Spurgeon: A New Biography

Suggestion from the Pastor

Spurgeon: A New Biography

by Arnold Dallimore

Pastor’s Description

Few Christian leaders have had as many biographies written about them as the famous 19th Century English preacher, Charles Spurgeon. Attempting to find the best of them all is a daunting task.  The Baptist minister, Arnold Dallimore, certainly has authored one of the most interesting and enjoyable histories of Spurgeon’s life and ministry.

Dallimore purposefully avoids looking for Spurgeon’s foibles and failures and concentrates instead on the power of his preaching, his courageous stance for biblical truth, his Calvinistic theology, and the many mercy ministries provided by his church. Assuming that such a biography might simply be a list of activities carried out by this man would be a great mistake. The author’s style includes enough personal details and anecdotes that the reader gets the sense that he is encountering an old friend.

I read this book while on the mission field some years ago. When I neared the end of Dallimore’s writing, I was sorry to be finished so quickly (the book is only about 250 pages). As I was reading about the death and burial of this great preacher, I felt as though I was saying goodbye to someone I knew.

I recommend this enjoyable book for those that have little or no knowledge of Charles Spurgeon as well as those that are familiar with him and would simply like to read an encouraging and inspiring biography of a man of faith.

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One Year of Dinner Table Devotions

One Year of Dinner Table Devotions & Discussion Starters: 365 Opportunities to Grow Closer to God as a Family by Nancy Guthrie, Tyndale House Publishers

Our family has used this devotional for sometime. It is written by a woman who, through a joyous faith in Christ, has overcome the sorrow of burying two children. One Year Dinner Table Devotions is filled with Scripture and consistent with the Reformed Faith. That being said, I could not do a better job of recommending this book than the following review by a customer at www.Christianbook.com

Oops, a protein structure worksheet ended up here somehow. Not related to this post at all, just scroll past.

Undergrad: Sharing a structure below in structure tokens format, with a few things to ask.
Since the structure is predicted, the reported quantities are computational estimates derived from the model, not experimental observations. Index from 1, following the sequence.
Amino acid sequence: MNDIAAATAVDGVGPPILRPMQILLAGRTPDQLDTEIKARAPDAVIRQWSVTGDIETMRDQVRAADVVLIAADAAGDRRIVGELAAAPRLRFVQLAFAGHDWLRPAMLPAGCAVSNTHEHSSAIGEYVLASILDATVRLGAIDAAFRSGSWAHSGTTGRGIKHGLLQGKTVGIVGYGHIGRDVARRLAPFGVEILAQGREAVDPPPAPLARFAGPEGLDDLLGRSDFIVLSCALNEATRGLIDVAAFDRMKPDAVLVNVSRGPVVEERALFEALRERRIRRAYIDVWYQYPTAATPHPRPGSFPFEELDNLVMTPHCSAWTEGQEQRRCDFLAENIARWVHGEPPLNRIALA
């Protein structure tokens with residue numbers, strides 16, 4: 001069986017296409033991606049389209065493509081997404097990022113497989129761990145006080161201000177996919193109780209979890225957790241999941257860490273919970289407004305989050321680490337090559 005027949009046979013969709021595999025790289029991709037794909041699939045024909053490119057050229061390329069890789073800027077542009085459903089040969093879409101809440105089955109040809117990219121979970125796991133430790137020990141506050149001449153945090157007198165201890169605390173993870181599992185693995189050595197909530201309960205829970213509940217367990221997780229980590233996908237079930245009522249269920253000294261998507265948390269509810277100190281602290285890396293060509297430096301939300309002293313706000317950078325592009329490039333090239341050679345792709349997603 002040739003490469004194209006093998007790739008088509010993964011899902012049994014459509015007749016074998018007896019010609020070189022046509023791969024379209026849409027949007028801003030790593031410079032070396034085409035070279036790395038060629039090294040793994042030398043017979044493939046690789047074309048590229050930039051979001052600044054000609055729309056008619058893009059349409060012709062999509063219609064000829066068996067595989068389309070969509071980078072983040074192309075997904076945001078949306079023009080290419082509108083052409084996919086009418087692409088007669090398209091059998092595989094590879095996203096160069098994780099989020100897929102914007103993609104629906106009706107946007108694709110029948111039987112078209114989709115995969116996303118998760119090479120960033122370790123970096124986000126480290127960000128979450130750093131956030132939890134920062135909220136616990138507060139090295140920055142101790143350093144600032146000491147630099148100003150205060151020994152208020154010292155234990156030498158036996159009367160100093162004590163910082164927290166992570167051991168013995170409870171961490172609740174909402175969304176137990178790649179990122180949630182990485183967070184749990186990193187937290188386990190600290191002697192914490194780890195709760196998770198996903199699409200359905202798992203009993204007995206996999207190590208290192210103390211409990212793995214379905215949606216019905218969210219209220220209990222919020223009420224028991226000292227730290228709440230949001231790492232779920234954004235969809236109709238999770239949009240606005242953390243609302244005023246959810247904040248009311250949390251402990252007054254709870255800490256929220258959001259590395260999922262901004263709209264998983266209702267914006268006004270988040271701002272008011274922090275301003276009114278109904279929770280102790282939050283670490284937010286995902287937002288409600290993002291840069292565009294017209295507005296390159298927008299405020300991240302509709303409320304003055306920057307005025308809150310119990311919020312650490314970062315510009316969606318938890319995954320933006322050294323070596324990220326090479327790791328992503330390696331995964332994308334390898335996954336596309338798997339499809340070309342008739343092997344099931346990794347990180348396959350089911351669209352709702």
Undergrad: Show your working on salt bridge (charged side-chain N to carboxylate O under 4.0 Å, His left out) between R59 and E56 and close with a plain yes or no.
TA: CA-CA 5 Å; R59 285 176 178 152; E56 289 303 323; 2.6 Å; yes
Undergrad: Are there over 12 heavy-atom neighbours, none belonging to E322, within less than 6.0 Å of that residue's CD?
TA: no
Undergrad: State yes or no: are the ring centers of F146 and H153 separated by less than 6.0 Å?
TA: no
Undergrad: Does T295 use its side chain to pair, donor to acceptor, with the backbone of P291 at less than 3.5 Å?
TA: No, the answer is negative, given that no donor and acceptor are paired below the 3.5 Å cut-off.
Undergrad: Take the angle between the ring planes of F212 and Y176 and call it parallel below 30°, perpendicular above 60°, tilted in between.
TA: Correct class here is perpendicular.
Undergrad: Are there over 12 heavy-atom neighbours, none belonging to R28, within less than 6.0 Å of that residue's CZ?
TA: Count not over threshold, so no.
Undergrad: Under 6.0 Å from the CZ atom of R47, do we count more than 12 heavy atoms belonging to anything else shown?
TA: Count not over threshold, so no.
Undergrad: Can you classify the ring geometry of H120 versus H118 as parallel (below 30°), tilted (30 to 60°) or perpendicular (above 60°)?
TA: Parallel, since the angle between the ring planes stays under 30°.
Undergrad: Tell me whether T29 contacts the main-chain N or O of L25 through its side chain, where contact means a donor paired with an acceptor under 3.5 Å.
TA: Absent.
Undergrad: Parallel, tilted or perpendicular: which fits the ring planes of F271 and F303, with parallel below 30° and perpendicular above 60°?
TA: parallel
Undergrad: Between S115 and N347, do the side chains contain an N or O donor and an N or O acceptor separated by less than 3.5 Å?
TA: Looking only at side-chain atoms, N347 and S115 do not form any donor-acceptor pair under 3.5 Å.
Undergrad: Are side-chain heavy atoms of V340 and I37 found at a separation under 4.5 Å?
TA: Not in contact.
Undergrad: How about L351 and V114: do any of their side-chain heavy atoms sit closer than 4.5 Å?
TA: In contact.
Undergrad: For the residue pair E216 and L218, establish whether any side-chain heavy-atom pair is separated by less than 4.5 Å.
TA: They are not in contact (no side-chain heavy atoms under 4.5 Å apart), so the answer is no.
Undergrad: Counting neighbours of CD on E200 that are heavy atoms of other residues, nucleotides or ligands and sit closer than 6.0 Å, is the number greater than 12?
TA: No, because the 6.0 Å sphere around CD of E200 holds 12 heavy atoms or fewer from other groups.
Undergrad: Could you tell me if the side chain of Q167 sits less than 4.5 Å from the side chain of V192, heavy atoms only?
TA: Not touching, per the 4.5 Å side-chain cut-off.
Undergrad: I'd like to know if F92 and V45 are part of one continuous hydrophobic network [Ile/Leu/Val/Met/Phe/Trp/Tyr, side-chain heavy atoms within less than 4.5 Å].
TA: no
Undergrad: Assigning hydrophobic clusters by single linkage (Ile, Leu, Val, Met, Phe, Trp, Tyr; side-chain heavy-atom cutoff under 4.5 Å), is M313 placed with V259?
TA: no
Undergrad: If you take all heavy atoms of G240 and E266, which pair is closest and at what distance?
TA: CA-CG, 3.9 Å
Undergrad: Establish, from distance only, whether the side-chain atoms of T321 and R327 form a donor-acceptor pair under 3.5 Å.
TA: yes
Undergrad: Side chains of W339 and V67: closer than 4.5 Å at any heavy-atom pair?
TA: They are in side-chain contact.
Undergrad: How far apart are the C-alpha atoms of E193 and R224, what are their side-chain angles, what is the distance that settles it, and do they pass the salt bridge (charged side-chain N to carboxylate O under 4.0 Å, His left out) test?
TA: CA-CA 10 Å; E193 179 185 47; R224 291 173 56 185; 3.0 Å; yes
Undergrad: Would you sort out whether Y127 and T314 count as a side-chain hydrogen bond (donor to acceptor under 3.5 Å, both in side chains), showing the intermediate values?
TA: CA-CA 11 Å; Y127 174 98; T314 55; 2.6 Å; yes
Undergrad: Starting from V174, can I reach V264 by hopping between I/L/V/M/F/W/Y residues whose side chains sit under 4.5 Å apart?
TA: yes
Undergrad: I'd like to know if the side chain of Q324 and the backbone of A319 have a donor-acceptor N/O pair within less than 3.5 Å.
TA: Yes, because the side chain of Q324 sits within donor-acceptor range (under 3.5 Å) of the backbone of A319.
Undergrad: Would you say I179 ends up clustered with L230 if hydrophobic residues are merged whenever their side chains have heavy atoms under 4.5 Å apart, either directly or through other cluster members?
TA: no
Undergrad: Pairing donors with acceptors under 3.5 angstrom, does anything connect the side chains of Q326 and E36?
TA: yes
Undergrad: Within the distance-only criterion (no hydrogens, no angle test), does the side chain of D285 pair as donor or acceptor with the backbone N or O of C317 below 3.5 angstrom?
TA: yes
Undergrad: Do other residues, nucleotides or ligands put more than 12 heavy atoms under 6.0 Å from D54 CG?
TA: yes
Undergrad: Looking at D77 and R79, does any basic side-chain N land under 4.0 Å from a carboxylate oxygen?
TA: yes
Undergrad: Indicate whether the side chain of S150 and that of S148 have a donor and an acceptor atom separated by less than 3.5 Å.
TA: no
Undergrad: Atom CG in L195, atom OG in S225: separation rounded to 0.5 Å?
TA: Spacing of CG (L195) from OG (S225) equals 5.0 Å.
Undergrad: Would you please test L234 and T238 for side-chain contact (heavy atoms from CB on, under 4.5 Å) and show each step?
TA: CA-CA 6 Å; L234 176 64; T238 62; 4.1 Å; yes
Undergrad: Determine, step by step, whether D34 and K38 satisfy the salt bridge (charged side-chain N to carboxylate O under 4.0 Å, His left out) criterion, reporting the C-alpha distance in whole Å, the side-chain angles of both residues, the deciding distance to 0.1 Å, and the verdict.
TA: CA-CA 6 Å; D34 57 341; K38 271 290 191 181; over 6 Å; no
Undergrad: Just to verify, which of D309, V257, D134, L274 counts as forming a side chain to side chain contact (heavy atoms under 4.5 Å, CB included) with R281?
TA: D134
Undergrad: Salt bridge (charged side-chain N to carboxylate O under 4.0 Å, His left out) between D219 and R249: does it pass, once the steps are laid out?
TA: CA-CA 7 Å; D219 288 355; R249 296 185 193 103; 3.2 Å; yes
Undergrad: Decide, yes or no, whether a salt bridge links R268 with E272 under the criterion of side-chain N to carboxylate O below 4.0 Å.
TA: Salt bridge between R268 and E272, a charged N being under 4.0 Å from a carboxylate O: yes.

“I was looking for a devotional book that expounded/explained the bible, and did not have cutesy moral stories. This is it! 365 one-page, easy to understand readings, set out in a clear format. Read the scriptures first (2 or 3 verses each day,) then the devotional (2 or 3 short paragraphs in plain english.) Discussion questions follow up with things to think about. I have 4 kids aged 8 – 15 and, because it’s bible-based, not cute-story-with-a-moral based, it applies to us all. No dumbing down, but also not hard to understand. Excellent book, not just for families, but for individuals as well.”

I highly recommend this devotional for families that wish to grow together in Christ.

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Just Do Something

For those that find life’s choices to be daunting, who worry whether their next big decision will fall within the will of God, or who are anxious that they might miss God’s “best” for their lives if they take a certain route along life’s highway, Just Do Something might be the book they need to read.

Written in an entertaining and down-to-earth style, yet filled with biblical wisdom, this book offers excellent counsel to help motivate Christians to make decisions and take actions without waiting to hear a mysterious boom from the clouds or looking for a sanctified fortune cookie to direct their path. I highly recommend Pastor DeYoung’s fine book to any Christian seeking to live their life in the will of God.

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The Bible And The Future

The study of the end times is known as eschatology. Not only is that word unfamiliar to many Christians, but the entire subject of the end of the world is often shrouded in mystery and confusion.

What happens to us when we die? When is the rapture? Why are there so many different views of the millennial reign of Christ? What has the Church historically believed about these matters? Just trying to answer these questions can seem daunting.

In his well written book, The Bible And The Future, Anthony Hoekema answers these questions and more. Using a rich array of scriptural references and avoiding speculation and sensationalism, the author provides scholarly insight into this important theological topic.

I highly recommend this easy-to-read, yet thought provoking book for anyone interested in understanding what the Bible actually teaches about the second coming of Christ and its implication for Christians throughout history.

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Search The Scriptures

Of all the books that Christians should read, it goes without saying that the Bible tops the list. However, many of us struggle with finding the time to do more than a cursory perusal of a verse here or a chapter there.  Consequently, we either give up and neglect the Scriptures in our daily routine or we read without any systematic method in mind.

Inter-Varsity Press has been producing Search The Scriptures for decades. This concise course takes the reader through a daily study plan that covers each book of the Bible. It is specifically designed for busy people that have a desire to know God’s word but believe that any valuable study would require hours that they simply don’t have because of the time-consuming responsibilities they already encounter.